ST. LOUIS — The Ville bustled when Kim Spain grew up there. Homer G. Phillips Hospital was a source of pride. There were grocery stores and lots of neighbors and family members around for a spare cup of sugar or a meal.
She learned from a young age that she wanted to help people. She went to middle school at St. Matthew the Apostle Catholic Church, then graduated from Beaumont High School before earning bachelor’s and master’s degrees in nursing from Webster University.
Children born premature, some with congenital anomalies, were her earliest focus.
“I often wondered about those children who didn’t go home,” she said.
She later ran an emergency shelter and transitional housing program for women at the now-closed Shalom House. She worked as a nurse in Georgia and Memphis.
When she moved back to the Ville about 10 years ago, the decline of her old neighborhood seemed particularly stark.
“Families are a lot more transient,” said Spain, now 56. “There are no services. We don’t have a laundromat.”
She got a job working for the Missouri Department of Mental Health developmental disabilities division. She also wanted to do something for the hungry children she was encountering near home.
“I remember standing on my porch thinking what can I do to help the community that raised me,” she said. “I know those streets. I know St. Louis Avenue. I know Maffitt. I know Lincoln and Cottage.”
In 2017, Claver House, a four-family flat named after the Roman Catholic patron saint of slaves, offered her a space there at 4155 Kennerly Avenue. Parishioners from St. Mathews, which no longer has a school, created the nonprofit in 1999 to help revitalize the neighborhood.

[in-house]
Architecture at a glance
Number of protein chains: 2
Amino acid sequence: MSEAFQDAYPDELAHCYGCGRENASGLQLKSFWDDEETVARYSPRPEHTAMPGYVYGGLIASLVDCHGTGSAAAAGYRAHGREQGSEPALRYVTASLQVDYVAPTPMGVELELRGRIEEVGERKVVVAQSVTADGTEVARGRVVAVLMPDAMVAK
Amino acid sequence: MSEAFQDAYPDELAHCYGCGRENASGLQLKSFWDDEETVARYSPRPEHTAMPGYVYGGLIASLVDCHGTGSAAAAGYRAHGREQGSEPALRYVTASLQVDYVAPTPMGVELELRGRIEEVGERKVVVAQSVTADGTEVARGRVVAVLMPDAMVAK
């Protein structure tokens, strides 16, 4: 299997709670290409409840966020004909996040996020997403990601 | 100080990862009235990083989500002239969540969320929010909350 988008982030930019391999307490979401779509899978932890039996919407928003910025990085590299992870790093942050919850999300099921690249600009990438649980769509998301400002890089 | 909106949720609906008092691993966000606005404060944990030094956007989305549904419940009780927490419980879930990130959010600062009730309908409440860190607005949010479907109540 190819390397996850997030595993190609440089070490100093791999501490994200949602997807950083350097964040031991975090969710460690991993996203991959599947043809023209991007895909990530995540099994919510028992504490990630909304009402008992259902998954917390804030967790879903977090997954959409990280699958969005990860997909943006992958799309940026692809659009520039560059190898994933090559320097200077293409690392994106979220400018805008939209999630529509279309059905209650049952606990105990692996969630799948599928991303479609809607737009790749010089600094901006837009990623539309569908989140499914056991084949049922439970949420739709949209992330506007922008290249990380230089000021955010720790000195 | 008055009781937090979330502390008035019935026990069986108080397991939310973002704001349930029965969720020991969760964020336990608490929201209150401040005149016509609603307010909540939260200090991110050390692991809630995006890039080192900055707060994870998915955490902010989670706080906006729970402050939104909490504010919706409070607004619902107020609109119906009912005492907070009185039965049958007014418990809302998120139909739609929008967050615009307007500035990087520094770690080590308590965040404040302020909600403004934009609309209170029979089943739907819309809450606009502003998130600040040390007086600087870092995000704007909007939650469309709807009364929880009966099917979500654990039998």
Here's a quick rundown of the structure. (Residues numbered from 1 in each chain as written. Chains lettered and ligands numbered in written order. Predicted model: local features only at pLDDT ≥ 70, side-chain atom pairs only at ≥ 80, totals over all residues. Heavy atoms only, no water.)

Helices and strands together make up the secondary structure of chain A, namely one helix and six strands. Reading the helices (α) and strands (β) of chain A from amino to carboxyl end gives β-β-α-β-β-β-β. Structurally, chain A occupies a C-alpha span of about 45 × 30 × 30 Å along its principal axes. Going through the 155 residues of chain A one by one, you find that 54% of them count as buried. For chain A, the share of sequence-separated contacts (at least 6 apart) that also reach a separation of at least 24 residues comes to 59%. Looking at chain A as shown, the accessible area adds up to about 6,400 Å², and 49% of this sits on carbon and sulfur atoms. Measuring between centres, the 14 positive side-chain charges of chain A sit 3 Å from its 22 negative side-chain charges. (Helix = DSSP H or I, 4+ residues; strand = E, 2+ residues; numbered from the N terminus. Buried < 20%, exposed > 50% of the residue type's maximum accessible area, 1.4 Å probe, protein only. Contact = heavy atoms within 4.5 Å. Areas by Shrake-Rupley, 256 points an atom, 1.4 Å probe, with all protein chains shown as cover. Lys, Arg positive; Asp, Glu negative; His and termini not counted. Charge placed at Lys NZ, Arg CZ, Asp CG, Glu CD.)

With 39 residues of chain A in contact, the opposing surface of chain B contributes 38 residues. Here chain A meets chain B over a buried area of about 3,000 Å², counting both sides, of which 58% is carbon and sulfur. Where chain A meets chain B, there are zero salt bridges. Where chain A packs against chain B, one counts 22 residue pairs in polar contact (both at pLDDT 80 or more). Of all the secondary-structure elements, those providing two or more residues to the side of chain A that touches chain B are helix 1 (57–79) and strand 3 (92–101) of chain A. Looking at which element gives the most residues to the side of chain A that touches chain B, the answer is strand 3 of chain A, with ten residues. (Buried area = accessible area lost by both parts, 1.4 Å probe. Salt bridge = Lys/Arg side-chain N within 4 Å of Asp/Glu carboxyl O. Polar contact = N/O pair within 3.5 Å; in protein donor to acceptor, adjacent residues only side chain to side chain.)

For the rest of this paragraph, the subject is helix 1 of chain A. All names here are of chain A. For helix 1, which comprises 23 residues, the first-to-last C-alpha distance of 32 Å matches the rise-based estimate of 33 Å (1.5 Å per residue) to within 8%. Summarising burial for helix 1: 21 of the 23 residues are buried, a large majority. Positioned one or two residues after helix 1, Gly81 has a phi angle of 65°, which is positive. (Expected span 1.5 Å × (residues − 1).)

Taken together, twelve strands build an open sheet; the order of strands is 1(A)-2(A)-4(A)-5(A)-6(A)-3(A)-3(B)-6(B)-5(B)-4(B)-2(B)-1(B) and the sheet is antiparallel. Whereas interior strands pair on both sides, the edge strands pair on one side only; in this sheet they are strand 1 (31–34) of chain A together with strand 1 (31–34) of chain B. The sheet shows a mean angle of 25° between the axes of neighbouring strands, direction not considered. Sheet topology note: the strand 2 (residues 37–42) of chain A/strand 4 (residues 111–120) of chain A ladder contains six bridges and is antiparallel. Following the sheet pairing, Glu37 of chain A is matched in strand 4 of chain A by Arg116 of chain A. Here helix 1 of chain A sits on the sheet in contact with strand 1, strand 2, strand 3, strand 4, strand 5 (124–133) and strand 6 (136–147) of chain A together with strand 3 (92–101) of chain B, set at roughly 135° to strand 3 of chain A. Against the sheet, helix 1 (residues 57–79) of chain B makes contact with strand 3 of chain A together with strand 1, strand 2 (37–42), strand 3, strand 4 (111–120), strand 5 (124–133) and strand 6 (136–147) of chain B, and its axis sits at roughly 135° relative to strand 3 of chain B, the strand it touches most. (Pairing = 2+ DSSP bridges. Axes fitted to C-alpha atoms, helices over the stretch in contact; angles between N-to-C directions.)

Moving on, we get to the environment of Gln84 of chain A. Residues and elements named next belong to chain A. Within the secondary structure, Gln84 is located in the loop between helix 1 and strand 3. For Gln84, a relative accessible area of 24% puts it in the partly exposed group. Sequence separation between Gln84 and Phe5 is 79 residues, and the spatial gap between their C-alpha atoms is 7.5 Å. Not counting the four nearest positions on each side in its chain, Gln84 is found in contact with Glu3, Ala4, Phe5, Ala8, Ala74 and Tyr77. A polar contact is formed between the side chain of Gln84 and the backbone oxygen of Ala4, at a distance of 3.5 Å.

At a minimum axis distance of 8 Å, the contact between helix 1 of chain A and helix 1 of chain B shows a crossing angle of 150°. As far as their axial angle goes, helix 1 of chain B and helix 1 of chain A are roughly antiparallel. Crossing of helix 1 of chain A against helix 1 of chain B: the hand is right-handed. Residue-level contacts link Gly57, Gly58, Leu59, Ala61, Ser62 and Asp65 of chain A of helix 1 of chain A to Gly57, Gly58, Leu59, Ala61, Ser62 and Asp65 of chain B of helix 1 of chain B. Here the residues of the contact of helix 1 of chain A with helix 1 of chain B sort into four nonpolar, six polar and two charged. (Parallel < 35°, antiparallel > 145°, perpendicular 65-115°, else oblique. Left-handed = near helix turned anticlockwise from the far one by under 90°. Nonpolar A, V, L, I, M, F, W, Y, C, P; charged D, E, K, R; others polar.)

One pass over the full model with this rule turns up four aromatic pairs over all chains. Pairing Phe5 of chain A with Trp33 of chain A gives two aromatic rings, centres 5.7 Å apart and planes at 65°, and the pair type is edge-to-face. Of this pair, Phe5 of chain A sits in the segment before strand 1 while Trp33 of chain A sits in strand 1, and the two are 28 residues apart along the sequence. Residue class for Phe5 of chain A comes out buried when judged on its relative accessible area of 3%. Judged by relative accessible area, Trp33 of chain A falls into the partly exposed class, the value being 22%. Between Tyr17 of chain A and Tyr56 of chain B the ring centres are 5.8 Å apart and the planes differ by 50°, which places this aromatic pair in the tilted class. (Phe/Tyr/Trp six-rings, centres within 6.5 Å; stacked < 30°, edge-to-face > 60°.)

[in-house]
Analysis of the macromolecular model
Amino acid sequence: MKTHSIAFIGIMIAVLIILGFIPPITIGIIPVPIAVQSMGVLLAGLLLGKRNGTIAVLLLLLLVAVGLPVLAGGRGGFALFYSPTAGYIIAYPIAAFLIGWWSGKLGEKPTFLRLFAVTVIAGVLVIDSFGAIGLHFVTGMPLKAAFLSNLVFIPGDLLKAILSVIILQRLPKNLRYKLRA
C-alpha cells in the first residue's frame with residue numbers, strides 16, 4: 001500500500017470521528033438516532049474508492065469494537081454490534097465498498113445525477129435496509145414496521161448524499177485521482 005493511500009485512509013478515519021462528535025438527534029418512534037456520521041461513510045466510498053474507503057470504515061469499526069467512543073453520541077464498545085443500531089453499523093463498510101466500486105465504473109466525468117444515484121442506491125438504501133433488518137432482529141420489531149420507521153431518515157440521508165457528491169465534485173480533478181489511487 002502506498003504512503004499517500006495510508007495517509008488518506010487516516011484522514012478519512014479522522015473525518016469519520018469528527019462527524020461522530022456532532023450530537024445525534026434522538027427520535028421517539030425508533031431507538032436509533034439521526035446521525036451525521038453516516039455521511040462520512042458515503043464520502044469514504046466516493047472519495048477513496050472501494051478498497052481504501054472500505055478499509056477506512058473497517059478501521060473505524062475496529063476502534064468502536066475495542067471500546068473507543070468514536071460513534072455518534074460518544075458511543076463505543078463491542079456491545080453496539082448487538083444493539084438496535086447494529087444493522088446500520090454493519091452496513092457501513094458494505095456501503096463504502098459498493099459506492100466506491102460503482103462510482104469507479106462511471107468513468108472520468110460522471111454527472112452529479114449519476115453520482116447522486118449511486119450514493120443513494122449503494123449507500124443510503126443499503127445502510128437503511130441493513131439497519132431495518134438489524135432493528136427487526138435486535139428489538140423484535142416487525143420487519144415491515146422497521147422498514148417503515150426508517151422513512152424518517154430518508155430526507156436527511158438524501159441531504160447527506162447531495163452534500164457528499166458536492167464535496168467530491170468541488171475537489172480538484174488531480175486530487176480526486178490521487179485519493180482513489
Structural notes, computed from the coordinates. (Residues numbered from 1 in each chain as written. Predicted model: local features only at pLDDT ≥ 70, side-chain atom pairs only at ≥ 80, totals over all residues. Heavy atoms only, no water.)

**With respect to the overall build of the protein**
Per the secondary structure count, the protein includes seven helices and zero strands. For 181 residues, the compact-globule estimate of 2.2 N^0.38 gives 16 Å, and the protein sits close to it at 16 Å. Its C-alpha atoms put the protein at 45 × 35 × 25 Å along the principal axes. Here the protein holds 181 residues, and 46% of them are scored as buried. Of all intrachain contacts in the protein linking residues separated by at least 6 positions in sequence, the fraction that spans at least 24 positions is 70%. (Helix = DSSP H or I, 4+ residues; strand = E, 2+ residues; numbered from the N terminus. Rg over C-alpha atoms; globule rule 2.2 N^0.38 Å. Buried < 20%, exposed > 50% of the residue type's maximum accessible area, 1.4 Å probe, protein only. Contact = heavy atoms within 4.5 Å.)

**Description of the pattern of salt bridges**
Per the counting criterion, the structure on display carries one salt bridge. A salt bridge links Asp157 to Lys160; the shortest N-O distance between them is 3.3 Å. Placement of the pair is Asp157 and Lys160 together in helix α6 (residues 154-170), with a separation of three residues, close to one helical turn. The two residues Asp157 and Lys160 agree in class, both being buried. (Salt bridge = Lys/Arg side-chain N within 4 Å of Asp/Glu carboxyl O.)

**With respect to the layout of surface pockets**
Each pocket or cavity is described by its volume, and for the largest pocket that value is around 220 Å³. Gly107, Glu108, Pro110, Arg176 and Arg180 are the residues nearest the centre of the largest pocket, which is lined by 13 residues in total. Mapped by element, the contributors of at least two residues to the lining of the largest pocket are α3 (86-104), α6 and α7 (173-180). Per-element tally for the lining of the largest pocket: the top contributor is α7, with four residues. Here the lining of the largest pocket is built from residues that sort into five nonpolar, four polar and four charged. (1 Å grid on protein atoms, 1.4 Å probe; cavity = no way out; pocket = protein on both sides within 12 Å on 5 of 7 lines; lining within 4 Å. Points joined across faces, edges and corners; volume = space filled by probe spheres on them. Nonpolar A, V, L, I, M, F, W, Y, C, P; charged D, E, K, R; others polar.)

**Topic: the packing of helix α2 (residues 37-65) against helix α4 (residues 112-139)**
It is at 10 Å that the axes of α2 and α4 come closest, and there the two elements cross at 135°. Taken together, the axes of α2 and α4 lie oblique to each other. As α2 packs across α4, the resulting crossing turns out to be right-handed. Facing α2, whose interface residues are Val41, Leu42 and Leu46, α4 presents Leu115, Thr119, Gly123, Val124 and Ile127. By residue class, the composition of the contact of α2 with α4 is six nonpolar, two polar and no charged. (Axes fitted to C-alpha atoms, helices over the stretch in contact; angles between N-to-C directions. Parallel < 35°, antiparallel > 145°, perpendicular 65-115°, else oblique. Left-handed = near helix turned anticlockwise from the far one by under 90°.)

Soon, children packed around a kitchen table on Saturday mornings for pancake breakfasts.
“There is a place where you can go, where you can feel like a family member is giving it to you,” she said of the effort. “It’s just a neighborly thing to do.”
She was particularly hooked once a child grabbed a book off the shelf at Claver House and started reading on their own in a comfortable chair. She said numerous friends and organizations have donated books and nonperishable food.
Since the pandemic, Project Read and Feed, as it’s officially called, has gone mobile. On Wednesday evenings, volunteers deliver reading materials, a warm meal, hygiene products and canned goods to families.
During a recent stop on a scrappy block of Whittier Street, she got out and smiled at the puppy on the porch. She said she hoped the pit bull would be just as friendly to her after it was full grown.
She knocked. Then knocked some more.
“It’s Kim,” she said to a cautious voice coming from the other side. “Are the kids home?”
The children weren’t home from school at 4 p.m.
“I have some food for you,” she said through the door, which finally opened. “… And some books.”
There were enough in the box to make a small library. She also left a message for the children.
“Tell them I miss them,” she said.
The exchange drew two curious men out of the shadows. One was fixing a broken vehicle.
“Excuse me, Ms. Kim,” he said. “Do you have any more?”
She’s trying to bring “little sparkles of joy” to children, but she and the other volunteers learned to pack extra food for hungry adults on the route.
“Thank you, Ms. Kim.”
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